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    This is the so called “back door Roth” I was mentioning, but If you have other IRA assets it MAY be subject to the pro-rata rule. As mentioned before, this is debatable — so a tax specialist or accountant should be consulted for that specific case.

    The current maximum amount you can contribute to your Roth 401(k) is $19,000, plus an additional $6,000 for employees aged 50 or over if the company plan permits catch-up contributions.

    The only “downside” to many Roth 401k plans and 401k plans in general is that you’re usually locked in to a handful of investments that the company and the manager of the 401k choose. Usually because that’s how the manager gets paid. So fees can be (relatively) high.

    The usual “plan” is to put at least as much as the company match (if any) into the company plan, and start with Roth if you qualify, for tax free growth, especially if young. And then a personal IRA that’s categorized as a Roth up to that max, then if any left over max out the Roth 401k, then if you still have money to invest (you probably don’t — you’d have hit the income limits and not qualified for the Roth’s, see how that works) then anything else tax deferred like regular 401K and regular IRA.

    The plus of the IRAs is the opposite of the company plan. You get to choose who you open it with and what you invest in. If you’re an index type investor, most go to Vanguard for this. Low fees on many index funds and easy to set up with low dollar limits on initial investments as low as $3000 a year in some. (The low dollar ones have slightly higher fees so you flip to the lower fee ones above $10K invested.)

    All sorts of ways to skin the investing cat. Also all sorts of weird tax situations that need to be thought about. Some folks have massive deductions so maxing Roth’s and converting during those years can be good.

    There’s also a break even point as you age where converting won’t make any significant change in total returns if the tax laws remain the same until your retirement. A little spreadsheet work can show the most “optimized” way to handle it all.

    There’s also different rules about withdrawals from each as you get closer to retirement. Uncle Sam wants their taxes and they don’t want you sitting on a Roth forever. You’re still paying at (in theory anyway, depends on residual income streams) your lower retirement level of income’s tax bracket.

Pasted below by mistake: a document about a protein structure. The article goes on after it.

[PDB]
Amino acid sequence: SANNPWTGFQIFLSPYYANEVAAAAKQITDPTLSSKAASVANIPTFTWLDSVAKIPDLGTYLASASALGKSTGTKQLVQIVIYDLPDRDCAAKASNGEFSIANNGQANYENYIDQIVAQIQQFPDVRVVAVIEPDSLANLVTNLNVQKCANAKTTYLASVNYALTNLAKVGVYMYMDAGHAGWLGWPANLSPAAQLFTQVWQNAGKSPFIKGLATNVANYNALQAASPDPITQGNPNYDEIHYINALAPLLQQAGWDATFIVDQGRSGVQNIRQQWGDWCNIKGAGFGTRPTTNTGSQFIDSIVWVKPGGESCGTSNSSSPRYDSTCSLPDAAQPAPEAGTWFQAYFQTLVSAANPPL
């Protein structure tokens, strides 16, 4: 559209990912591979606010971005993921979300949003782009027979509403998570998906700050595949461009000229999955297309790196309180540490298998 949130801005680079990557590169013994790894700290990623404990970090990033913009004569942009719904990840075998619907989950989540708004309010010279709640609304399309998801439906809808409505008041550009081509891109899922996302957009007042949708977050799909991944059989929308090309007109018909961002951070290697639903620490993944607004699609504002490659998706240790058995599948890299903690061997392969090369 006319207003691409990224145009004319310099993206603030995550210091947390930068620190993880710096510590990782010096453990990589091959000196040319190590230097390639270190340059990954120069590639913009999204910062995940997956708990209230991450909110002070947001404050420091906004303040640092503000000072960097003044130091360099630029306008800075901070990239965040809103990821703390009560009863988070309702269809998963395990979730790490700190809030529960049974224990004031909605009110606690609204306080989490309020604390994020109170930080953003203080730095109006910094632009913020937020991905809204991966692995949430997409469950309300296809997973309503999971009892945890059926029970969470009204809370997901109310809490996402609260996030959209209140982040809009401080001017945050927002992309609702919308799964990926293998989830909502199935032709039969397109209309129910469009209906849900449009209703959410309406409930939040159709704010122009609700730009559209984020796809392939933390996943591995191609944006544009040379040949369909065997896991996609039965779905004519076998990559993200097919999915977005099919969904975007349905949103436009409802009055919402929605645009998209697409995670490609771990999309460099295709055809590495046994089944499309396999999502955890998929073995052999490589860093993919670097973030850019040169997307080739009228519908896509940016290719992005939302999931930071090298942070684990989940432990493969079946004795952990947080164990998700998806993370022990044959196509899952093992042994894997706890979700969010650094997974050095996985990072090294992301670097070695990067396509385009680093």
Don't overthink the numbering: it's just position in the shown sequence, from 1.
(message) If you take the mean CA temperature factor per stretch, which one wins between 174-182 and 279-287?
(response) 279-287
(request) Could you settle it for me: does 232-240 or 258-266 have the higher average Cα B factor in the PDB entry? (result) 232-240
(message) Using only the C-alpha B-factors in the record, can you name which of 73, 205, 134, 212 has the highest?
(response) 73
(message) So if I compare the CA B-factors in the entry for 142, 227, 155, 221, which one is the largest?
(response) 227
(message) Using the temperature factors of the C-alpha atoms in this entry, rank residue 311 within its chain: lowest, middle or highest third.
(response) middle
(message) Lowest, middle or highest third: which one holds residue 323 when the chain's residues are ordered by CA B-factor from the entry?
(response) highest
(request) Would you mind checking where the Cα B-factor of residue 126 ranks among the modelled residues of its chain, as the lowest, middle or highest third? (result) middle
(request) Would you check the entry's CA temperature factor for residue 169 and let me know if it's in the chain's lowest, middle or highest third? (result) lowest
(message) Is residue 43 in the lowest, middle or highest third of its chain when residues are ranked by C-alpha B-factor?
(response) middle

If you’re going to be still making a LOT of money in retirement, strategy of which vehicle to use for the investments, is another spreadsheet game.

    A good accountant can sort it all out for a few bucks and a lot less of your time. And If you plan on having enough assets to leave a significant inheritance or gifts to charity, that should be planned out early so the correct things happen inside the estate after you, or you and a significant other, pass on.

    Fun stuff, eh? Variables everywhere. The main thing to do is always be investing. If you get in the habit really early the multipliers work massively in your favor.

    I wish I could go back and tell stupid me not to withdraw about $40K from a 401k looooong ago. Taxes, the penalty, and the loss of future growth is worth an incredible amount of money that would be in my nest egg today. Really really big with the market climb over that time, when wirh multiple recessions and smaller downturns. It’s a serious “ouch” number.

    It met the criteria for “stupid with many zeros on the end” — the only criteria really: Never make big financial decisions out of fear.

    Oh well. Invest early, invest often!

    Hope that helps explain it a bit.
     
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  17. Skyrys62

    Skyrys62 En-Route

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    thanks @denverpilot
    I actually learned something I didn't know yet...I guess I'm greener than I thought...

    At my workplace, we have 403b. On the side I contribute to Roth IRA.

    Could I also contribute to Roth 401k?

    I know there are maximums for each, but how so if they are combined??
     
  18. Bell206

    Bell206 Final Approach

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  19. wilkersk

    wilkersk Pattern Altitude

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    Best to talk to one of your employer HR reps. They will at least provide you with a number to contact your plan's manager (ie. Fidelity, TIAA, or whoever).
     
  20. TCABM

    TCABM En-Route

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  21. denverpilot

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  22. ja_user

    ja_user Pattern Altitude

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    He could have a 457 and a 403b, but that is rare.. government/education primarily.